SV, EF, and FAC was significantly greater in animals resuscitated victims died during the early hours and
after biphasic defibrillation. In support of earlier days; heart failure, ventricular arrhythmias, and recur-
investigations, myocardial diastolic function was rent cardiac arrest were again identified as predomi-
more optimal after biphasic defibrillation as evi- nant causes.2
denced by lesser left ventricular wall thickness and The severity of postresuscitation myocardial dys-
greater LVEDV. Since the duration of untreated VF function was previously related by us to the duration
and the CPP produced by chest compression were of cardiac arrest, to treatment with epinephrine, and
controlled in the present study, the differences in to hypercarbic myocardial acidosis.4,5 Both of our
postresuscitation myocardial function are likely to predecessor studies7,8 and the present study have
reflect the difference in either the waveforms or in implicated the defibrillation waveform and/or the
the total energy delivered. The present study further total electrical energy delivered during defibrillation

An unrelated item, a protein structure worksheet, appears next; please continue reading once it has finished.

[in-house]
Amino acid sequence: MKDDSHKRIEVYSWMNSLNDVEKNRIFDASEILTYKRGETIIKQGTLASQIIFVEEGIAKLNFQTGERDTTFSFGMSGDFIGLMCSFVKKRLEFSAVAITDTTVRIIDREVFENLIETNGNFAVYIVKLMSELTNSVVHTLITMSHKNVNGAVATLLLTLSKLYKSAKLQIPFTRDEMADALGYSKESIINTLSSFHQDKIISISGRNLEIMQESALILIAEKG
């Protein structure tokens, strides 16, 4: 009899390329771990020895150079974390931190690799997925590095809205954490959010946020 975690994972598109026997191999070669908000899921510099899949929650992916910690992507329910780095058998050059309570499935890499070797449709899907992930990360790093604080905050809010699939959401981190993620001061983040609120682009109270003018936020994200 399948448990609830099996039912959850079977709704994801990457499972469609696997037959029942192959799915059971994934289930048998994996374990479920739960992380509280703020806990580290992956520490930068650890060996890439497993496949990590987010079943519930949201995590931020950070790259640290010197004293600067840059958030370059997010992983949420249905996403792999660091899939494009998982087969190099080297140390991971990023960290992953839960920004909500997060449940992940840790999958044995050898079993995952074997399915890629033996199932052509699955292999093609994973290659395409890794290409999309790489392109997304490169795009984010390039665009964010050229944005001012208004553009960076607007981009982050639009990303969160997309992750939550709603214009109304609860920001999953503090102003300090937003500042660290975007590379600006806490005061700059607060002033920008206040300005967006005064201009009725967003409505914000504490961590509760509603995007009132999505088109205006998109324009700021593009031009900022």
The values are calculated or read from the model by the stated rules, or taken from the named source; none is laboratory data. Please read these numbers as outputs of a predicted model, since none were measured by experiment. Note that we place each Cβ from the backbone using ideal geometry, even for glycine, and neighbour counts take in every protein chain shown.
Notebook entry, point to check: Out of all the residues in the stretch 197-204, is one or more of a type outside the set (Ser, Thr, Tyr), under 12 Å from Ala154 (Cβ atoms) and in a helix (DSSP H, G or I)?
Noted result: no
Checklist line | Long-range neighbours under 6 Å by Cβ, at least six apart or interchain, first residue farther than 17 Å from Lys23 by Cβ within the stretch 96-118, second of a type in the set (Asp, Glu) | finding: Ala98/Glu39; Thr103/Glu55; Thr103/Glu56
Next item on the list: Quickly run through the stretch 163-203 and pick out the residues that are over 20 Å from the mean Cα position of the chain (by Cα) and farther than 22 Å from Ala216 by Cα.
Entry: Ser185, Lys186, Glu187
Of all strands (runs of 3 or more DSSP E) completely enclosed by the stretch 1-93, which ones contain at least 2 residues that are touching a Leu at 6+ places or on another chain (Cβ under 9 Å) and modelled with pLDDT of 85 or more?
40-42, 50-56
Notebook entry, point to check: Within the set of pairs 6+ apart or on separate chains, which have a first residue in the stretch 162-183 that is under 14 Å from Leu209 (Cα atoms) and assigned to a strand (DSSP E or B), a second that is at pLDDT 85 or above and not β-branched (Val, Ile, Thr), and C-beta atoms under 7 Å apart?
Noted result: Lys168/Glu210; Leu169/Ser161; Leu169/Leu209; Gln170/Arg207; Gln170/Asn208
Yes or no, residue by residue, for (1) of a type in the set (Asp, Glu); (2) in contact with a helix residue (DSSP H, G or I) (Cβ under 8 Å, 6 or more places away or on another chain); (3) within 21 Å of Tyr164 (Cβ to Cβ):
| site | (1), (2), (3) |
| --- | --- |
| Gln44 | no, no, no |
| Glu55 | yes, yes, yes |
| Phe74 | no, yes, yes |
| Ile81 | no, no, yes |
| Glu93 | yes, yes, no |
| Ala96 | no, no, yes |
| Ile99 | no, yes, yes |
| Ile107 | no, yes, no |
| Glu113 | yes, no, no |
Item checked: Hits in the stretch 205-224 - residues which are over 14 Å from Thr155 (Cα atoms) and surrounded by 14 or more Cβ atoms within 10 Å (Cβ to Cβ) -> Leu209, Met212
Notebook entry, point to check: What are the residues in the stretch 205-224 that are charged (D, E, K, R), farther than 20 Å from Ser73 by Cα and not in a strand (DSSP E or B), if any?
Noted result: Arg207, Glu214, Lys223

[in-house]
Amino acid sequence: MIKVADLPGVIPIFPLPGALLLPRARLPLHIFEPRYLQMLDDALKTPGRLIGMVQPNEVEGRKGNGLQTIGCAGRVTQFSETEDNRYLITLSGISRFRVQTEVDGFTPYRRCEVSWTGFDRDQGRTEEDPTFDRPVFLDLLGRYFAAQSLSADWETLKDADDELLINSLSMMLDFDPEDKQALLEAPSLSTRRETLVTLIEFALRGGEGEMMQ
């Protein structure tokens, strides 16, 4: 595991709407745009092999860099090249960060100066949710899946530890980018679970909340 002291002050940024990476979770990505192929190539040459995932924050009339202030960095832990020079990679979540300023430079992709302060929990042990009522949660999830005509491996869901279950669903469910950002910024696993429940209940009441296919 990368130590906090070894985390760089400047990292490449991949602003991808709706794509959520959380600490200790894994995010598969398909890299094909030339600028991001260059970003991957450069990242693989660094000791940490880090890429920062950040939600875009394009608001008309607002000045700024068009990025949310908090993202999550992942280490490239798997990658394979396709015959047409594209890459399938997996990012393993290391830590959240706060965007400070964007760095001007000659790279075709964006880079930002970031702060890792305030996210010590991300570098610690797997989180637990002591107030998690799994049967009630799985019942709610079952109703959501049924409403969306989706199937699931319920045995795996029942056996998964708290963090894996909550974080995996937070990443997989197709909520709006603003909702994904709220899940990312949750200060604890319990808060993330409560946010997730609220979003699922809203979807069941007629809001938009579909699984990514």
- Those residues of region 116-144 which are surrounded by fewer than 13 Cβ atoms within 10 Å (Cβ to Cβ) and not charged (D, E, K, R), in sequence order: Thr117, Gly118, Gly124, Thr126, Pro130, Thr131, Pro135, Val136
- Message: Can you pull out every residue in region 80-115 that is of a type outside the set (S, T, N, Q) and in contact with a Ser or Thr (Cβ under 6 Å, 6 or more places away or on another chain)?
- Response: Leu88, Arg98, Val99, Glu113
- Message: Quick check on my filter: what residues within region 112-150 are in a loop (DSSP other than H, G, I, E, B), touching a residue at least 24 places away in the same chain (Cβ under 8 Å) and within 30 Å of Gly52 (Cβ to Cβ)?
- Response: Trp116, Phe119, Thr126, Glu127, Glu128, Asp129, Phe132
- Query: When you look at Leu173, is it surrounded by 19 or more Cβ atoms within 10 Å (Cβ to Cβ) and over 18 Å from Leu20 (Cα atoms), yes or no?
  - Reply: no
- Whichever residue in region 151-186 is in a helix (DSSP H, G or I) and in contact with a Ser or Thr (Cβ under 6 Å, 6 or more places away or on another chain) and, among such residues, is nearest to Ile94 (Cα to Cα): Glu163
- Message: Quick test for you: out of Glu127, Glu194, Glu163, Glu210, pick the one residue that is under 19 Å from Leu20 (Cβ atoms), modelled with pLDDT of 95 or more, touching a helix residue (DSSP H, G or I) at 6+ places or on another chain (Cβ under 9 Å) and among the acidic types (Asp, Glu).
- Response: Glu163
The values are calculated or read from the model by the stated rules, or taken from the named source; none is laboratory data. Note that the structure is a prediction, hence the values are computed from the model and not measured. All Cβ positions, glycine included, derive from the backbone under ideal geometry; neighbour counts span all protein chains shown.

demonstrated that administration of epinephrine attempts as an additional factor. We are therefore
during either biphasic or monophasic defibrillation prompted to call attention to the potential impor-
after prolonged cardiac arrest significantly decreases tance of more optimal defibrillation waveforms and
the energy required for successful defibrillation. the desirability of minimizing the electrical energy
Even though, for approximately 39% of patients that is delivered during electrical defibrillation at-
(range, 13 to 59%), spontaneous circulation is reestab- tempts such as to favor better postresuscitation
lished following initial successful resuscitation, most myocardial function and thereby improve survival.
victims die within 72 h, primarily of heart failure or After direct-current transthoracic defibrillation
recurrent ventricular arrhythmias. CPR itself therefore was introduced for the treatment of VF by Lown et

Figure 3. Effects of biphasic or monophasic defibrillation waveform on postresuscitation myocardial

function after 10 min of untreated VF with administration of epinephrine. Values are mean ⫾ SD; see
Figure 1 legend for definition of abbreviations; *p ⬍ 0.05 vs biphasic; ** p ⬍ 0.01 vs biphasic.

952 Laboratory and Animal Investigations